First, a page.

With New Academic Plan in Place, State of the University Highlights Northeastern’s “Bold” Future

At the 2016 State of the Uni­ver­sity, I, along with other uni­ver­sity students, leaders, fac­ulty, and staff, presented Northeastern’s new aca­d­emic plan. I engaged the audience about my tenure at the university and how my exposure to experiential learning at the doctoral level has shaped my development and Northeastern’s drive to integrate this form of learning into various doctoral curricula.

10/20/16 - BOSTON, MA. - Students, faculty and staff filled the Solomon Court for the 2016 State of the University event. Remarks were given by President Joseph E. Aoun, James C. Bean Provost and Senior Vice President for Academic Affairs, Diane MacGillivray, Senior Vice President for University Advancement, Carmen Sceppa, Professor and Chair of the Department of Health Sciences and Chair of the Senate Agenda Committee. Staff Photo: Matthew Modoono/Northeastern University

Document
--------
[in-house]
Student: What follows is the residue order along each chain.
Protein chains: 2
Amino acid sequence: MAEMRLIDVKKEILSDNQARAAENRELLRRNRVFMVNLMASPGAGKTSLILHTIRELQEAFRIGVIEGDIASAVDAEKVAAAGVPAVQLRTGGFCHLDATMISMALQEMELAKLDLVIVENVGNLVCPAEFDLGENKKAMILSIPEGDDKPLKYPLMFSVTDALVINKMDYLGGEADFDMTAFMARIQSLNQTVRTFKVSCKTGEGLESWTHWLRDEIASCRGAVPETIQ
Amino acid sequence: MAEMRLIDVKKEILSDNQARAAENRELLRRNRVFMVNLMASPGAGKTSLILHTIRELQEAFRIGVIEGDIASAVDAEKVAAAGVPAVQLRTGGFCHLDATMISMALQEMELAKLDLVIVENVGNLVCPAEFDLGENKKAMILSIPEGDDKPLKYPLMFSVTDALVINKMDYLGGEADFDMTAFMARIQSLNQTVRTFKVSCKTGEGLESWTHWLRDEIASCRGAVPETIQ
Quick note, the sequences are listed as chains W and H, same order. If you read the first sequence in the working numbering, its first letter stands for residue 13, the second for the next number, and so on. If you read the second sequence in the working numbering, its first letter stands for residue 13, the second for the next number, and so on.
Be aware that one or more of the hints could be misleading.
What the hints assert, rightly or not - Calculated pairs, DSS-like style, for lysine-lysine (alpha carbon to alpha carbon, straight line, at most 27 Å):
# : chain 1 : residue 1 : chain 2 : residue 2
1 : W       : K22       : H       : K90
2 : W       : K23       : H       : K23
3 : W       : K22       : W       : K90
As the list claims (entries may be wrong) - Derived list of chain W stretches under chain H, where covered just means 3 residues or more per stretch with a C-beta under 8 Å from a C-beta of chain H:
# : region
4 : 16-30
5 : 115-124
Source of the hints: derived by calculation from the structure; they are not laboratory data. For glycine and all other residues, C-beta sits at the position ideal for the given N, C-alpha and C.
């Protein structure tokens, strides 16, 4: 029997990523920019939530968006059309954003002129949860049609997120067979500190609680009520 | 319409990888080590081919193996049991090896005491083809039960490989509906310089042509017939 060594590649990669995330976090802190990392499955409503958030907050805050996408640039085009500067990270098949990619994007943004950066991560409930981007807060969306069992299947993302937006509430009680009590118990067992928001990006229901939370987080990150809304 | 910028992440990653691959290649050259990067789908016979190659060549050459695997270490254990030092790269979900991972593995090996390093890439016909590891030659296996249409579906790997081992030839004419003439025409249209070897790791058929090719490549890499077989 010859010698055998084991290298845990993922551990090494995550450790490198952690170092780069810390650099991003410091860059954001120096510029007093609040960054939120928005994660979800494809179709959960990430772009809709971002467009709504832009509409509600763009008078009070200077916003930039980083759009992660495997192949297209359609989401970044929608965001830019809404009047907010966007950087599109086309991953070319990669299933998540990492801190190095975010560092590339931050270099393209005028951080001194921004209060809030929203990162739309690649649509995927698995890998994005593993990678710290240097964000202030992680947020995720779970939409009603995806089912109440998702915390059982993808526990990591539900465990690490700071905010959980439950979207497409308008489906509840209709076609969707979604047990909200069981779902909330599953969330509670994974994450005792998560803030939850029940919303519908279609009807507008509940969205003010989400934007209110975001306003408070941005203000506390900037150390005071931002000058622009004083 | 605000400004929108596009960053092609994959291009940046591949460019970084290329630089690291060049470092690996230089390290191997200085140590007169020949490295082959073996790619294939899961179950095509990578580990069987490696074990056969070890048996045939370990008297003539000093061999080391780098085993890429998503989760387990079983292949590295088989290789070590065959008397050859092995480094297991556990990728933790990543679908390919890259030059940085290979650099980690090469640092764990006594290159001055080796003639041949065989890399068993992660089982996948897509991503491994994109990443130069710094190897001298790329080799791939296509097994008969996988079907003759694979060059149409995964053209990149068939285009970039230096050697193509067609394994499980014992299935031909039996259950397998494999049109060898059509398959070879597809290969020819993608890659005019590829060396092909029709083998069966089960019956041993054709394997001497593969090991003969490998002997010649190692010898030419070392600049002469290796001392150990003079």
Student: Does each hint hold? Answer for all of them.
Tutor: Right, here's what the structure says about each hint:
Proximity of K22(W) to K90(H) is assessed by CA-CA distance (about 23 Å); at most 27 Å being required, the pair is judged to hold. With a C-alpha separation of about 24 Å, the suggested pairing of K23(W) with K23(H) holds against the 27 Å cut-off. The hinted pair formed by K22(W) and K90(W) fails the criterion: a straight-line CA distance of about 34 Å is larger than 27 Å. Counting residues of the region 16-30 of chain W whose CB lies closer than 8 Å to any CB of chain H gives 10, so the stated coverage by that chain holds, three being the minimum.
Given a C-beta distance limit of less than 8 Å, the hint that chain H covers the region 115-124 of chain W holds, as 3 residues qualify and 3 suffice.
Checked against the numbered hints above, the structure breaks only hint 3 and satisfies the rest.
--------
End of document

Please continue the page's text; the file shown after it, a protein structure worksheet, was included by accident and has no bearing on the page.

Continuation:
Survival Course: The Odd Man Out

I had the privilege of being featured in the cover story for the 2014 summer edition of the ASEE (American Society for Engineering Education) publication, Prism Magazine. This issue addresses the lack of representation of African-American males in the field of engineering.


Second Place at the 2014 GEM Technical Presentation Competition 

In August of 2014 I participated in a Technical Presentation Competition at the 2014 GEM Annual Board Meeting And Conference of The National GEM Consortium. In this competition, sponsored by Carnegie Mellon University and Cornell University, students presented their MS or PhD level research. The winners are broken down into Master’s Level and Ph.D. Level. I was fortunate enough to place in the top three, taking away the 2nd place prize in the competition.


Are Black Colleges Boosting Minority Representation in the Sciences?

Featuring the testimonies of numerous HBCU alumni, this article informs readers that despite finite resources and less racial diversity, colleges that historically cater to African American students could offer lessons on how to train successful, confident scientists.